If you were tasked with explaining what a website is to an alien who had never seen the internet before, you’d probably have as much trouble doing so as you would explaining the color red or the way that water tastes. It’s something that just about everyone understands, but it’s tough to put it into words.
But, before we can jump into explaining the web design process, it’s critical to know all the components and how they interact with each other, just as you have to understand cells before you can appreciate tissues, organs, organ systems, and eventually, the whole body.
Searching the term online, you get a dictionary definition of “a connected group of pages on the World Wide Web regarded as a single entity, usually maintained by one person or organization and devoted to a single topic or several closely related topics.”
In reality, it’s a little more complicated than that.
Let’s step back into the biology metaphor. It’s better to think of websites as an entire human body. It’s complicated, interconnected, and has to have all parts in tip-top shape to function the way it’s supposed to.
Like our bodies, the website itself acts as a hub for all inner workings, housing each sophisticated process while showcasing a more pleasing outward appearance that your visitors stop by to see.
Website Anatomy 101
Tons of bits and bobbles go into a website, both seen and unseen by your visitors.
Like the brain, a web server works as the holding place for all of the data, files, code, and images that make up a website. Its main job is communicating with the website, directing how the information stored on the server is used and presented. When a visitor visits your website, the page communicates with the server which files are needed (like all the images, text, and code for your homepage). Then it’s the server’s job to process and fulfill that request.
The web address is like an ID or driver’s license. It tells visitors and search engines where your website lives and the basic idea of what we can expect when we see it.
There are five parts of a web address, and each one serves a distinct purpose:
- The scheme lets servers know which protocol to use. The most commonly used protocol is “HTTPS://,” which stands for Hypertext Transfer Protocol Secure. It’s used for encrypting webpage information to keep things like passwords or financial data secure. Other standard protocols are “mailto://,” which you’ve seen if you hyperlink someone’s email address, and “FTP://” for transferring files between client and server on the same network.
- Next is the subdomain. It tells which main directory page of the website you are viewing, like “home,” “blog,” or “shop.”
- The second-level domain is the name of the website.
- Next comes the top-level domain, which serves as a marker of the type of website the visitor is on– “.com” for commercial sites, “.edu” for educational institutions, “.org” for organizations, “.net” for internet, email, and network service providers.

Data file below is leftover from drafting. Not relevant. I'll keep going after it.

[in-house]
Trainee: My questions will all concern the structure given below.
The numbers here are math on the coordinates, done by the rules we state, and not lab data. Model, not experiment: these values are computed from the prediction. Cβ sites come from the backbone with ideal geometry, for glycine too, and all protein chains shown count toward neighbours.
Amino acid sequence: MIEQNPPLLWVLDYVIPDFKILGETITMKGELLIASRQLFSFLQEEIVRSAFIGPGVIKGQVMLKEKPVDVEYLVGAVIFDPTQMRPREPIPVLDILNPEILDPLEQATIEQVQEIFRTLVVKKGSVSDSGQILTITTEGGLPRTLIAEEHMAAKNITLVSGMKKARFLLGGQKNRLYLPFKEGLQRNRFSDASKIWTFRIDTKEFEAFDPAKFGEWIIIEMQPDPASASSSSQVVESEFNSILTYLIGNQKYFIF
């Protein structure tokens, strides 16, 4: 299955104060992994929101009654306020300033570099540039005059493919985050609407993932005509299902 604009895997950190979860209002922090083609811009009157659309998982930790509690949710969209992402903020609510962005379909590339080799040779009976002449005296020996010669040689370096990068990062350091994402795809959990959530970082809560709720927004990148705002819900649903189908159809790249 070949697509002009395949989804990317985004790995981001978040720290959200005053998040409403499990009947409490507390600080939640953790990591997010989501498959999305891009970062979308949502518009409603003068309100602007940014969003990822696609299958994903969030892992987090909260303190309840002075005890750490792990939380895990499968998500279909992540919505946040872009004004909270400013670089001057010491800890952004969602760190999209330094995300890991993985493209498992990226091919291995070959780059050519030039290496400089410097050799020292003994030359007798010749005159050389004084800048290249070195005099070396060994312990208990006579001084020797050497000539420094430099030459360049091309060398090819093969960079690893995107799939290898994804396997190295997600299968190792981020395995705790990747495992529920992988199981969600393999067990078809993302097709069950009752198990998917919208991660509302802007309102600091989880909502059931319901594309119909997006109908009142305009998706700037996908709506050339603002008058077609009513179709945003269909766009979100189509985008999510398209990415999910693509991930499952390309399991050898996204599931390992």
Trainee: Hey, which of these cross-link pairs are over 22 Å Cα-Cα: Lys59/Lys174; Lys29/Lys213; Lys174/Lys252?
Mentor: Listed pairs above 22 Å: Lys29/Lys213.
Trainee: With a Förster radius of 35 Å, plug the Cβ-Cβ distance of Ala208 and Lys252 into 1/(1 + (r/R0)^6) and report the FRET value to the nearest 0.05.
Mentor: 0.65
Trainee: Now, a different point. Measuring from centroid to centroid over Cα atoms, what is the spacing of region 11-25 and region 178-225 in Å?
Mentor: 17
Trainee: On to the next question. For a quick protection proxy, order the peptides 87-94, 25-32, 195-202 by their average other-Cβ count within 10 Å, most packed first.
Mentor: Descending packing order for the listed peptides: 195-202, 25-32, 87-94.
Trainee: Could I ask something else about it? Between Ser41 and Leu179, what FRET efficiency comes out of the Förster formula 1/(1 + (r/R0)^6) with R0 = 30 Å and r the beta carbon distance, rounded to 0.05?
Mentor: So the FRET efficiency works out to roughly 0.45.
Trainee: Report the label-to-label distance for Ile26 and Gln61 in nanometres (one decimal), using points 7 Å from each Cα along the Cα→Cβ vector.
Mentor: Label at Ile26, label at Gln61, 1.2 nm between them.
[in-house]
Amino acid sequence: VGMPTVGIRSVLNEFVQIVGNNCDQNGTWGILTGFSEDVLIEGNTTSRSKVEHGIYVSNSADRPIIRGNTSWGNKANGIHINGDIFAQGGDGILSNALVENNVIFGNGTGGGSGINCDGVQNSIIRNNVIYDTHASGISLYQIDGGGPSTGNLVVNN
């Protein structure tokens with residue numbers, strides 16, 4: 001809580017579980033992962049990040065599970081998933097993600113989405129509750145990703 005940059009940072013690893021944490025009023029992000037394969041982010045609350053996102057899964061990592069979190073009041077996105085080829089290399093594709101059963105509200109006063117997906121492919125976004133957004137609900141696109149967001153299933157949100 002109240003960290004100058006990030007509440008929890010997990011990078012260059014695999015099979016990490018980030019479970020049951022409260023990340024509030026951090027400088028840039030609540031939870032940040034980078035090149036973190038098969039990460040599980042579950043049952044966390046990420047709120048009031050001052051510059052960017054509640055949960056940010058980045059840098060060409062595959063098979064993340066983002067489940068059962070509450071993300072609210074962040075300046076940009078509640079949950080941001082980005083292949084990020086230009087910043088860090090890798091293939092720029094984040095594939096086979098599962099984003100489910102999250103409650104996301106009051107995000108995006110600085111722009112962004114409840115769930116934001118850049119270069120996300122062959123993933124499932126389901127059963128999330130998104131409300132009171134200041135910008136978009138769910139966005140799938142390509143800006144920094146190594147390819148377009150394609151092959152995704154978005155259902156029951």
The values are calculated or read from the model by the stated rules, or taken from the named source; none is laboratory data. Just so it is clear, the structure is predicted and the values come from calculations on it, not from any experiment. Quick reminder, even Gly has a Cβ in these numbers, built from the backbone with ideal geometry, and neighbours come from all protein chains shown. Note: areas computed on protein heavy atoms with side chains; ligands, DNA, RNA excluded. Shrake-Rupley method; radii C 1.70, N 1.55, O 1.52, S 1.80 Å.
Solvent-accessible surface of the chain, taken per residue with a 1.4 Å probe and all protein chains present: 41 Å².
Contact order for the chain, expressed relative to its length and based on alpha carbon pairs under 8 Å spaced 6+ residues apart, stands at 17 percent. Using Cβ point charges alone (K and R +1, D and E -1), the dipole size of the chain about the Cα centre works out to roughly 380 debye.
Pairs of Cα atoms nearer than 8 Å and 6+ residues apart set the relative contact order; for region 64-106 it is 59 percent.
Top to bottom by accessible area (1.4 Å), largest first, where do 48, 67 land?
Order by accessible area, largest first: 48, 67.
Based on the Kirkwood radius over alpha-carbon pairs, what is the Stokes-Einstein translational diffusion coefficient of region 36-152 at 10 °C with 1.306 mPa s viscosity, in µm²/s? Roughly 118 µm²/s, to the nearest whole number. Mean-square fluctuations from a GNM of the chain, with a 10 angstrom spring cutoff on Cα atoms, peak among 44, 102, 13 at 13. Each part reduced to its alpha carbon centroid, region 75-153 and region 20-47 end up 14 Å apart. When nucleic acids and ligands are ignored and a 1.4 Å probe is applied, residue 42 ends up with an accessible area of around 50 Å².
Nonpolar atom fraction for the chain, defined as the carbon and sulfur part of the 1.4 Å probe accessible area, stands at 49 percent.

- Finally is the subdirectory. It directs to a particular section of a page. For a website with a blog, that might look like an archive of a specific tagged topic, such as “digital marketing” or “web design.”
Your website will have an overall structure, much like a skeletal system. It supports the movement through the site, creating a smooth process in traveling from homepage to subpage to specific sections of that subpage. Website owners utilize various navigation interfaces, like hamburger menus or sidebars, to create a site structure map for visitors to use.
Each page on your site will have a layout of how the content and graphics are arranged. There are best practices for arrangements, which help visitors see the critical information quickly, without feeling overwhelmed by images, text, and other visual elements.
Any text on your site is considered the content. Website text has to be optimized and stylized to meet specific criteria, called SEO, that allows Google and other search engines to determine your ranking on a search results page, as well as whether browsers can trust your site.
Like the cosmetics and clothes your body wears, web design includes the color palettes, decorative elements, logos, typography, graphics, and the overall layout that gives your website the “feel” you’re looking for. Design is the piece that your visitors base their first impressions on, and it can be defining factor in winning over a future customer.
Content Management System
We’ll take a deep dive into the CMS next week, but for now, know that it’s platforms like WordPress, Wix, and SquareSpace that allow you to edit a site without completely rewriting the code.
Keep Your Website Healthy and Happy
With so many elements making up a website, it’s easy to miss something. Codes break, content management systems need updates, and public opinion on design changes. That’s why many website owners outsource the work to web development and design agencies like NATIV3. The expert touch gives your site more longevity and creates an evergreen home base for your audience to access your company, campaign, or cause.